Knockwurst is a type of German sausage that is known for its distinctive short and plump shape. It is traditionally made with a combination of ground pork and veal, though beef might be included as well. The meat is seasoned with various spices such as garlic, marjoram, and ground white pepper, giving knockwurst its characteristic savory and flavorful profile.
Knockwurst is usually encased in natural casings, which can be made from intestines or other edible materials, and it is often smoked or cured before being cooked. It can be prepared in various ways, including boiling, steaming, or pan-frying. The cooking method can affect the texture and flavor of the sausage.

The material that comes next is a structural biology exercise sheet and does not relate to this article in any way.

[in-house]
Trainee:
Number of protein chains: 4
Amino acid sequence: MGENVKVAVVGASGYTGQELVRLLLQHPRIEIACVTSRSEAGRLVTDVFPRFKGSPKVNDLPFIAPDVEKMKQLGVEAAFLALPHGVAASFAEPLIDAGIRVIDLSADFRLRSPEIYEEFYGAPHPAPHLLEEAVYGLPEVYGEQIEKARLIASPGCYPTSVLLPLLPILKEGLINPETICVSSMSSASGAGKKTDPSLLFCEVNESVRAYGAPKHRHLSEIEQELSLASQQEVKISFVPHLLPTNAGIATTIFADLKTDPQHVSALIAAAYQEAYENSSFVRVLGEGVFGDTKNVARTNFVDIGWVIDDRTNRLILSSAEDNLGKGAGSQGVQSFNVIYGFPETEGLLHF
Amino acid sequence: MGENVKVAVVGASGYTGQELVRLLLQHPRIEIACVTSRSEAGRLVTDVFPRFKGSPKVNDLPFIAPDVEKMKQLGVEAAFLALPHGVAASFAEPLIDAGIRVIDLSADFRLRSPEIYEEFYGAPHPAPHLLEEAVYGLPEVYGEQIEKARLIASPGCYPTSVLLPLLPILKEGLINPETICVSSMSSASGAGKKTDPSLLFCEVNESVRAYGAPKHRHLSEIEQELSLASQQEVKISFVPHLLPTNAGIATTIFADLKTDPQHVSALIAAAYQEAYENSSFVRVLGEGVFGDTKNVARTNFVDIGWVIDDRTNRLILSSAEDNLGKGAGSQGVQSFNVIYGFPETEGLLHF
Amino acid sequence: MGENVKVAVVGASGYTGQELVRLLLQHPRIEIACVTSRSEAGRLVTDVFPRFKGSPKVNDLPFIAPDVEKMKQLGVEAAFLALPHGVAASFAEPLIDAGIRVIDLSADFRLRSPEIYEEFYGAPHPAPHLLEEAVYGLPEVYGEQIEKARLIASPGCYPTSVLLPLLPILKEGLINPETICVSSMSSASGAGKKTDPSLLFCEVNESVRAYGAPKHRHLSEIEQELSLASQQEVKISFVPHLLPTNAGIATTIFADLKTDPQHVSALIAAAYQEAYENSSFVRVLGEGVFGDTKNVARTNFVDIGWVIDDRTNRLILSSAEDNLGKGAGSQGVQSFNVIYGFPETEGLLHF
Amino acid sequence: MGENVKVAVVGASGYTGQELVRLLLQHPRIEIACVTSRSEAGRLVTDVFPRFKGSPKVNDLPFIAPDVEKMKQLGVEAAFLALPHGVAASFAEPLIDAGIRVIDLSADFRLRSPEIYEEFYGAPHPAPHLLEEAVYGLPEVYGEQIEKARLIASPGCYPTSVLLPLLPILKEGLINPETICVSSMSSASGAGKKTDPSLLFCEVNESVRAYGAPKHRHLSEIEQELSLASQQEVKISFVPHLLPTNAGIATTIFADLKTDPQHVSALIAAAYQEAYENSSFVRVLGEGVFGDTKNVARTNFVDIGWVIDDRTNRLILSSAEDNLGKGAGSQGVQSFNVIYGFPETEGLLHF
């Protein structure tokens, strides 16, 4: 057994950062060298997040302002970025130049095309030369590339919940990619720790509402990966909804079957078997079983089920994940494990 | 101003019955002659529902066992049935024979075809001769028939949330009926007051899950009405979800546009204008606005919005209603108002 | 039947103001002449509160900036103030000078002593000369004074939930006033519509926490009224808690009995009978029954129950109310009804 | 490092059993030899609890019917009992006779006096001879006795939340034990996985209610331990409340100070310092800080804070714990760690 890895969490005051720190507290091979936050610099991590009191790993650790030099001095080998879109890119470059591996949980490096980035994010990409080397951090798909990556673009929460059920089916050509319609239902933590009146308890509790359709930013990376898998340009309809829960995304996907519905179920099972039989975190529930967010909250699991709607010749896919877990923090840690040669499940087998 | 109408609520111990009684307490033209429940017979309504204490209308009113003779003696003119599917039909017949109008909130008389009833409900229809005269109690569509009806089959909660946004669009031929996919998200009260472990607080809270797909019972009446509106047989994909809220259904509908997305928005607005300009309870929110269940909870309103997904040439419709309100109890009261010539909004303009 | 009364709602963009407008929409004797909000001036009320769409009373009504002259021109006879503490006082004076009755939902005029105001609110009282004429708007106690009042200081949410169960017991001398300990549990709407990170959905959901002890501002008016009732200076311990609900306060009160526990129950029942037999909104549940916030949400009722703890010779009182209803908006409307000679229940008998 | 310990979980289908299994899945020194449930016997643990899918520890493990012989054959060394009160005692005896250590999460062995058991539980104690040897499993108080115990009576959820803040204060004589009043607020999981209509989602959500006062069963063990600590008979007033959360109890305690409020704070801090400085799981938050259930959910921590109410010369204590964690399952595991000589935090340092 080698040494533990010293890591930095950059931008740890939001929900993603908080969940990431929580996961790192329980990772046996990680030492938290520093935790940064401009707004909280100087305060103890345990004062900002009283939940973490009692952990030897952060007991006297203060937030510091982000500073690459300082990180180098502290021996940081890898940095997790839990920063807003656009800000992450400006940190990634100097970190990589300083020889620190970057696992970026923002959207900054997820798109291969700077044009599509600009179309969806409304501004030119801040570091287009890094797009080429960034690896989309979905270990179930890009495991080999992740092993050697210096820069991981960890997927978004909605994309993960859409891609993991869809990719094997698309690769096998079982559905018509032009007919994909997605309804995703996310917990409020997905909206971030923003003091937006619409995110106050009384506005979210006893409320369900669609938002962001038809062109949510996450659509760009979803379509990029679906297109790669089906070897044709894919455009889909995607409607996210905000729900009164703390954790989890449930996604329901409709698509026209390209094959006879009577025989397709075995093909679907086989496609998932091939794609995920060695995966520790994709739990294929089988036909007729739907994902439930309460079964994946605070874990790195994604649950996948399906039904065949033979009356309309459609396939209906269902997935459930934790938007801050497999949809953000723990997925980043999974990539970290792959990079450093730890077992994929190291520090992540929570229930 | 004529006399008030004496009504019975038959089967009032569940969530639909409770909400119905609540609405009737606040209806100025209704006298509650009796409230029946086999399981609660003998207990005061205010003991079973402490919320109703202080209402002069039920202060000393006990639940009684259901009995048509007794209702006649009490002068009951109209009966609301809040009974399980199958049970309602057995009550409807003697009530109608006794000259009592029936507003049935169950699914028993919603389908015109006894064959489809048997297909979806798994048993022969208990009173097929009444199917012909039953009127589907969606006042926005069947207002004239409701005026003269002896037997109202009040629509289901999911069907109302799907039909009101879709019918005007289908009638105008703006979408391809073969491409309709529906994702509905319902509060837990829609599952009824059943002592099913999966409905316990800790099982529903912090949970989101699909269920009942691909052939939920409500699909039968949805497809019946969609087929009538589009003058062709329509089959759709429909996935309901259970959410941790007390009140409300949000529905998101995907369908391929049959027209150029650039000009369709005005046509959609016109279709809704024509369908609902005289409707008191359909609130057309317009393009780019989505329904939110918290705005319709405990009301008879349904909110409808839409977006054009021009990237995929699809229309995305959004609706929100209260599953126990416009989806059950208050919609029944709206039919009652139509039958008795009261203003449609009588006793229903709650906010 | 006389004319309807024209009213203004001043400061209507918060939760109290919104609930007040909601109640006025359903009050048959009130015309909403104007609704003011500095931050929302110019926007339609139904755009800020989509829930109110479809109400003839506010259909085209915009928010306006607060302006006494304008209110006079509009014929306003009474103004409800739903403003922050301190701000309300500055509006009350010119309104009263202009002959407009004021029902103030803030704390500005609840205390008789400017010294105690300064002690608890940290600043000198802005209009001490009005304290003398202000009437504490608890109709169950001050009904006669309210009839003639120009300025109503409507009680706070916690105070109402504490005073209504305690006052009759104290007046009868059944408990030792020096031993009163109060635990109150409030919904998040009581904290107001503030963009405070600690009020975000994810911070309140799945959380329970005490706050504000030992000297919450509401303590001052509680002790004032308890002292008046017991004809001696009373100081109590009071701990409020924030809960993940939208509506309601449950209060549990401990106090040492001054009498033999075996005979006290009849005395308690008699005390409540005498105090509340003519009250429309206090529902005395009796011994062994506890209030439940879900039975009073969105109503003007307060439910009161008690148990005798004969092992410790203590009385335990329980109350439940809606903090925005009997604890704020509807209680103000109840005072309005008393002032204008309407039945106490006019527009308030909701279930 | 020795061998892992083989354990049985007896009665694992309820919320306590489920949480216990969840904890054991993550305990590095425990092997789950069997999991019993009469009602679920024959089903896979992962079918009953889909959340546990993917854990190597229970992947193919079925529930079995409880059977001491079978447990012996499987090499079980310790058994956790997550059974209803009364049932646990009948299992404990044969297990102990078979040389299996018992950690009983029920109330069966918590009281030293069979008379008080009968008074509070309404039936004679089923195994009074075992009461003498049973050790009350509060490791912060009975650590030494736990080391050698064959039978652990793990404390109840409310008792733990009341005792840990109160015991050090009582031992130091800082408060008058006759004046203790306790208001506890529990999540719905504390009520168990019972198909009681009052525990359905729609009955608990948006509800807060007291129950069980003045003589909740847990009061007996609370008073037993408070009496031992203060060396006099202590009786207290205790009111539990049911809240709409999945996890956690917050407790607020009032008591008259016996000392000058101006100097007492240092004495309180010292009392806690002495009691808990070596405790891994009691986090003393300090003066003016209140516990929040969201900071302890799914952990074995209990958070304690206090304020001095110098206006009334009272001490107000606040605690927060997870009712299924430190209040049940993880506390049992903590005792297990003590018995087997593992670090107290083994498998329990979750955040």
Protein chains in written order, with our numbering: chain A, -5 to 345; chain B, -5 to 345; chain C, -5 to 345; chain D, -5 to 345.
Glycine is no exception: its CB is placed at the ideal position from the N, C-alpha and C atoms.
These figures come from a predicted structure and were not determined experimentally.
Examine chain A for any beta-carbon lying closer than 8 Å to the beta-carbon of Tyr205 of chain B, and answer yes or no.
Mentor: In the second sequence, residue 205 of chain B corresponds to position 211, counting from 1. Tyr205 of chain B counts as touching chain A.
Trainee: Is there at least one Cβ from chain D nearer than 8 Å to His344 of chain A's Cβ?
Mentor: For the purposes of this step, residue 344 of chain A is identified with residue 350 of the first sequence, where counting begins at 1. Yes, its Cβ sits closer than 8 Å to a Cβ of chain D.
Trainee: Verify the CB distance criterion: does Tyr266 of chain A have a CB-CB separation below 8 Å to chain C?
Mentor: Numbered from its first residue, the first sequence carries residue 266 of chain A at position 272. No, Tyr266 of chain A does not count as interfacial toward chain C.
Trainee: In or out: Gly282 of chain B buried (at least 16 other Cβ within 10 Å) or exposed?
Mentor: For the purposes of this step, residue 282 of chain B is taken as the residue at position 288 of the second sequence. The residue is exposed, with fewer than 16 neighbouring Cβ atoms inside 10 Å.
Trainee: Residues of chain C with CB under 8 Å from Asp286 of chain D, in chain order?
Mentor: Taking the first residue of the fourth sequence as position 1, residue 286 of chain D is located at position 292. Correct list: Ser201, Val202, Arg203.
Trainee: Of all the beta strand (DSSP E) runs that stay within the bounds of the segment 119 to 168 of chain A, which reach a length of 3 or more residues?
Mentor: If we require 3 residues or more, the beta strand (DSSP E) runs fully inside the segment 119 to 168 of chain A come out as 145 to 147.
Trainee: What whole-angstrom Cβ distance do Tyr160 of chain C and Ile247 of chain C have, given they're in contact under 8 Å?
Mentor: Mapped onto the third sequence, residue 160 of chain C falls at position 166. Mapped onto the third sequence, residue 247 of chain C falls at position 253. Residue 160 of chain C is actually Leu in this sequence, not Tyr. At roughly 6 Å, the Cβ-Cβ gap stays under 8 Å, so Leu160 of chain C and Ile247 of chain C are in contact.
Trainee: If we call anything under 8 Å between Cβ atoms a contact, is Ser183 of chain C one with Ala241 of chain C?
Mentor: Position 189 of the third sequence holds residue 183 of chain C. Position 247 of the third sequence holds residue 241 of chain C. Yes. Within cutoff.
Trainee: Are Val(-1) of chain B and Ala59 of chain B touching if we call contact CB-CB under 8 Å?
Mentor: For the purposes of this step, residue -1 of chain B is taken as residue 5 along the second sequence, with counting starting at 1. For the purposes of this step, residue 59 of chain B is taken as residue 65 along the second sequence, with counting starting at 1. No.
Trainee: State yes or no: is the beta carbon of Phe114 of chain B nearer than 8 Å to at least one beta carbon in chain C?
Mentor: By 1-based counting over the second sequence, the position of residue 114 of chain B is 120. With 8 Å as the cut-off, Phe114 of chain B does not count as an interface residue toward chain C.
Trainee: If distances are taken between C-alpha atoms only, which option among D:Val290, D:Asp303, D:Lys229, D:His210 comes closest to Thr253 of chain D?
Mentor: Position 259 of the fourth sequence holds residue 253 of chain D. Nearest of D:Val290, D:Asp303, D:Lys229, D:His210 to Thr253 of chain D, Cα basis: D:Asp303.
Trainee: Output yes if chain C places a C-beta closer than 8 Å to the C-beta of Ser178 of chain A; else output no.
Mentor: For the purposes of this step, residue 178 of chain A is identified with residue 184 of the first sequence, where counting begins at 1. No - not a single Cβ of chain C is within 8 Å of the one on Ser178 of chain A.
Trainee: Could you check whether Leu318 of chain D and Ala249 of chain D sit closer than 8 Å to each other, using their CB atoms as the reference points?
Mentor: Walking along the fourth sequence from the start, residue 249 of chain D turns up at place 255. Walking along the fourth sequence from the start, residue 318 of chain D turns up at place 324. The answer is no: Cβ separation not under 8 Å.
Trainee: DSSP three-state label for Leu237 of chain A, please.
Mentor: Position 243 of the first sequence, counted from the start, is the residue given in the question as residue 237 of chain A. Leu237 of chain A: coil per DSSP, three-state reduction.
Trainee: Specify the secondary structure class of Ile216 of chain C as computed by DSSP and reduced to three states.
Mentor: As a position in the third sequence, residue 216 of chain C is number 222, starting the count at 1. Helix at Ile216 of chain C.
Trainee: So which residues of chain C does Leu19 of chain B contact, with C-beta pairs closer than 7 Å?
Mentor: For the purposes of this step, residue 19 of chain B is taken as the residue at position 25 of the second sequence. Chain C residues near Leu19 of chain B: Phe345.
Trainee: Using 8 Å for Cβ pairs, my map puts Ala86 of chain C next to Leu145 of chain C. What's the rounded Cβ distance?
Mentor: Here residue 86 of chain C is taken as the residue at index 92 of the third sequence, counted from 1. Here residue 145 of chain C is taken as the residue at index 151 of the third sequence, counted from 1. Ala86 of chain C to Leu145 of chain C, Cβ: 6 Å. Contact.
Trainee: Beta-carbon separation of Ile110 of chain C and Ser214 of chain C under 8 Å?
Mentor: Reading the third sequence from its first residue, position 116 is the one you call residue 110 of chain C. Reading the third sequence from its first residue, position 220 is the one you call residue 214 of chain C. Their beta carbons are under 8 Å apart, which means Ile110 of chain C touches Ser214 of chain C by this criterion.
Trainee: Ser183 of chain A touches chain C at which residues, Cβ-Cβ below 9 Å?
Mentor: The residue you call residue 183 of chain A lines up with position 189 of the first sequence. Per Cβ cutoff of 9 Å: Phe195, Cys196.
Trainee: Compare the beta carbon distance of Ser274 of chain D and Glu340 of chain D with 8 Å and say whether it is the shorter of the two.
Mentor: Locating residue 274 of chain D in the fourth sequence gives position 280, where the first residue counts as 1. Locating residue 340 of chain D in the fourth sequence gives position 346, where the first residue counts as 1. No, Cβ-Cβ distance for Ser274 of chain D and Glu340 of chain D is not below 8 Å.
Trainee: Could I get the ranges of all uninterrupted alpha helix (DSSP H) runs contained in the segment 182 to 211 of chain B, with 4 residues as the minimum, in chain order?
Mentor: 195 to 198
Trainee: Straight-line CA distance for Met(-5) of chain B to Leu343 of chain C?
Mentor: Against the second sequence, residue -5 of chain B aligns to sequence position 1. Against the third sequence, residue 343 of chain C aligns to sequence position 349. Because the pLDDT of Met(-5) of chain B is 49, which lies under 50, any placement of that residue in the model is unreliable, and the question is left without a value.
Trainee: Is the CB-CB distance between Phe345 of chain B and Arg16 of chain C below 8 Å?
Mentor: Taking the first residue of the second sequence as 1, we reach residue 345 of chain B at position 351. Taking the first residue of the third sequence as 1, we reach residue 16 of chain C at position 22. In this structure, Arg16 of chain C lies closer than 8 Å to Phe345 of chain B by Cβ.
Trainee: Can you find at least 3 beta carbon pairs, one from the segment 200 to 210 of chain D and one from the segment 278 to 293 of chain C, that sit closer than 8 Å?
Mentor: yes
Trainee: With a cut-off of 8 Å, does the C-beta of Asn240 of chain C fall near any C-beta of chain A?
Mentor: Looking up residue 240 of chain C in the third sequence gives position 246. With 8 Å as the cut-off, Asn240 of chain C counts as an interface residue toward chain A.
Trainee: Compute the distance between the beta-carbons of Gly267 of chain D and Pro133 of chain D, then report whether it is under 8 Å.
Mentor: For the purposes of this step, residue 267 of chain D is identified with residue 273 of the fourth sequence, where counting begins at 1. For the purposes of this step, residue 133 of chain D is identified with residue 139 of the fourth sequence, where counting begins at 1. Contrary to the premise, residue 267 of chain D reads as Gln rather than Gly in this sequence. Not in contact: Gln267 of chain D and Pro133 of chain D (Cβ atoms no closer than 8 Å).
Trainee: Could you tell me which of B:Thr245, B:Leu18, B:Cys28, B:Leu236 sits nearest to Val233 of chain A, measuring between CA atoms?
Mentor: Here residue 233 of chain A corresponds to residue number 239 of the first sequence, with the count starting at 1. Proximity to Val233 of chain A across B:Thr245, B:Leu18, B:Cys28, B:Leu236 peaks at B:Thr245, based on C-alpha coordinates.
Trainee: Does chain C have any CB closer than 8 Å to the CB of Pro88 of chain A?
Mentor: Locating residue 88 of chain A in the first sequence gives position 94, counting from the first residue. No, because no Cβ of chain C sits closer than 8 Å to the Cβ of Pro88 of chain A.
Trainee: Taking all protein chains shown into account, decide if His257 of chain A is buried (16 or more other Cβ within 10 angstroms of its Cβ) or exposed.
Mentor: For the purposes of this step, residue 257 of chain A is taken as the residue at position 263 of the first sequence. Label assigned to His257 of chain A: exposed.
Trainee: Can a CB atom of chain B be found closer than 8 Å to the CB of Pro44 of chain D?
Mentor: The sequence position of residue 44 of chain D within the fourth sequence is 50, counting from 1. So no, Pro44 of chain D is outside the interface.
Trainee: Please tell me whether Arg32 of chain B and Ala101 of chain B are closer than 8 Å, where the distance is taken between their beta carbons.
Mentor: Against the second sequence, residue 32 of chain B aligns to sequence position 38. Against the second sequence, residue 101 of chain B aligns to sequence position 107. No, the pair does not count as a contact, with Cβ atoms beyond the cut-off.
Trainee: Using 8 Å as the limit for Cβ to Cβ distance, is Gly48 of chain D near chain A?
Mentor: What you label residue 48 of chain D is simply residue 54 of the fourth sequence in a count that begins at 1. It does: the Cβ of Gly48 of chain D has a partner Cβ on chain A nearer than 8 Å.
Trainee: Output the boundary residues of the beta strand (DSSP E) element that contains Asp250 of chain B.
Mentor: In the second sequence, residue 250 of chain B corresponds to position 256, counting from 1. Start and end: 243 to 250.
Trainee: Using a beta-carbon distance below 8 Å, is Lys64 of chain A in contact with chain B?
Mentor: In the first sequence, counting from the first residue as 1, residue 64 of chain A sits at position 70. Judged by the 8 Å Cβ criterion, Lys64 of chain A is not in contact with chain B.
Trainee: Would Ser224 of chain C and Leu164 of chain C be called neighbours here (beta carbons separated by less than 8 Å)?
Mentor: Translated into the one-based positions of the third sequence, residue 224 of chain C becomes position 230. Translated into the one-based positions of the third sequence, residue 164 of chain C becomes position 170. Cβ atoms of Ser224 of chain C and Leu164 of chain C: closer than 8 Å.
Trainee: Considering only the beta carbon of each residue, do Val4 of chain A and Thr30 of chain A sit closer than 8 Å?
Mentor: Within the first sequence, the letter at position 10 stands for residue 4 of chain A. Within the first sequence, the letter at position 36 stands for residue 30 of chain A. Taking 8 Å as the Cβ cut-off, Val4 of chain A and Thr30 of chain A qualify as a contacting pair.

One common way to serve knockwurst is with mustard and sauerkraut. It’s also often paired with hearty bread or rolls. In some regions, it may be part of a larger meal, served with potatoes and vegetables.
The name “knockwurst” is believed to have originated from the German word “knacken,” which means to crack or snap, referring to the sound the sausage makes when bitten into due to its natural casing.
Like many sausages, ingredients and preparation methods can vary, so the specific flavors and characteristics of knockwurst may differ based on regional recipes and personal preferences.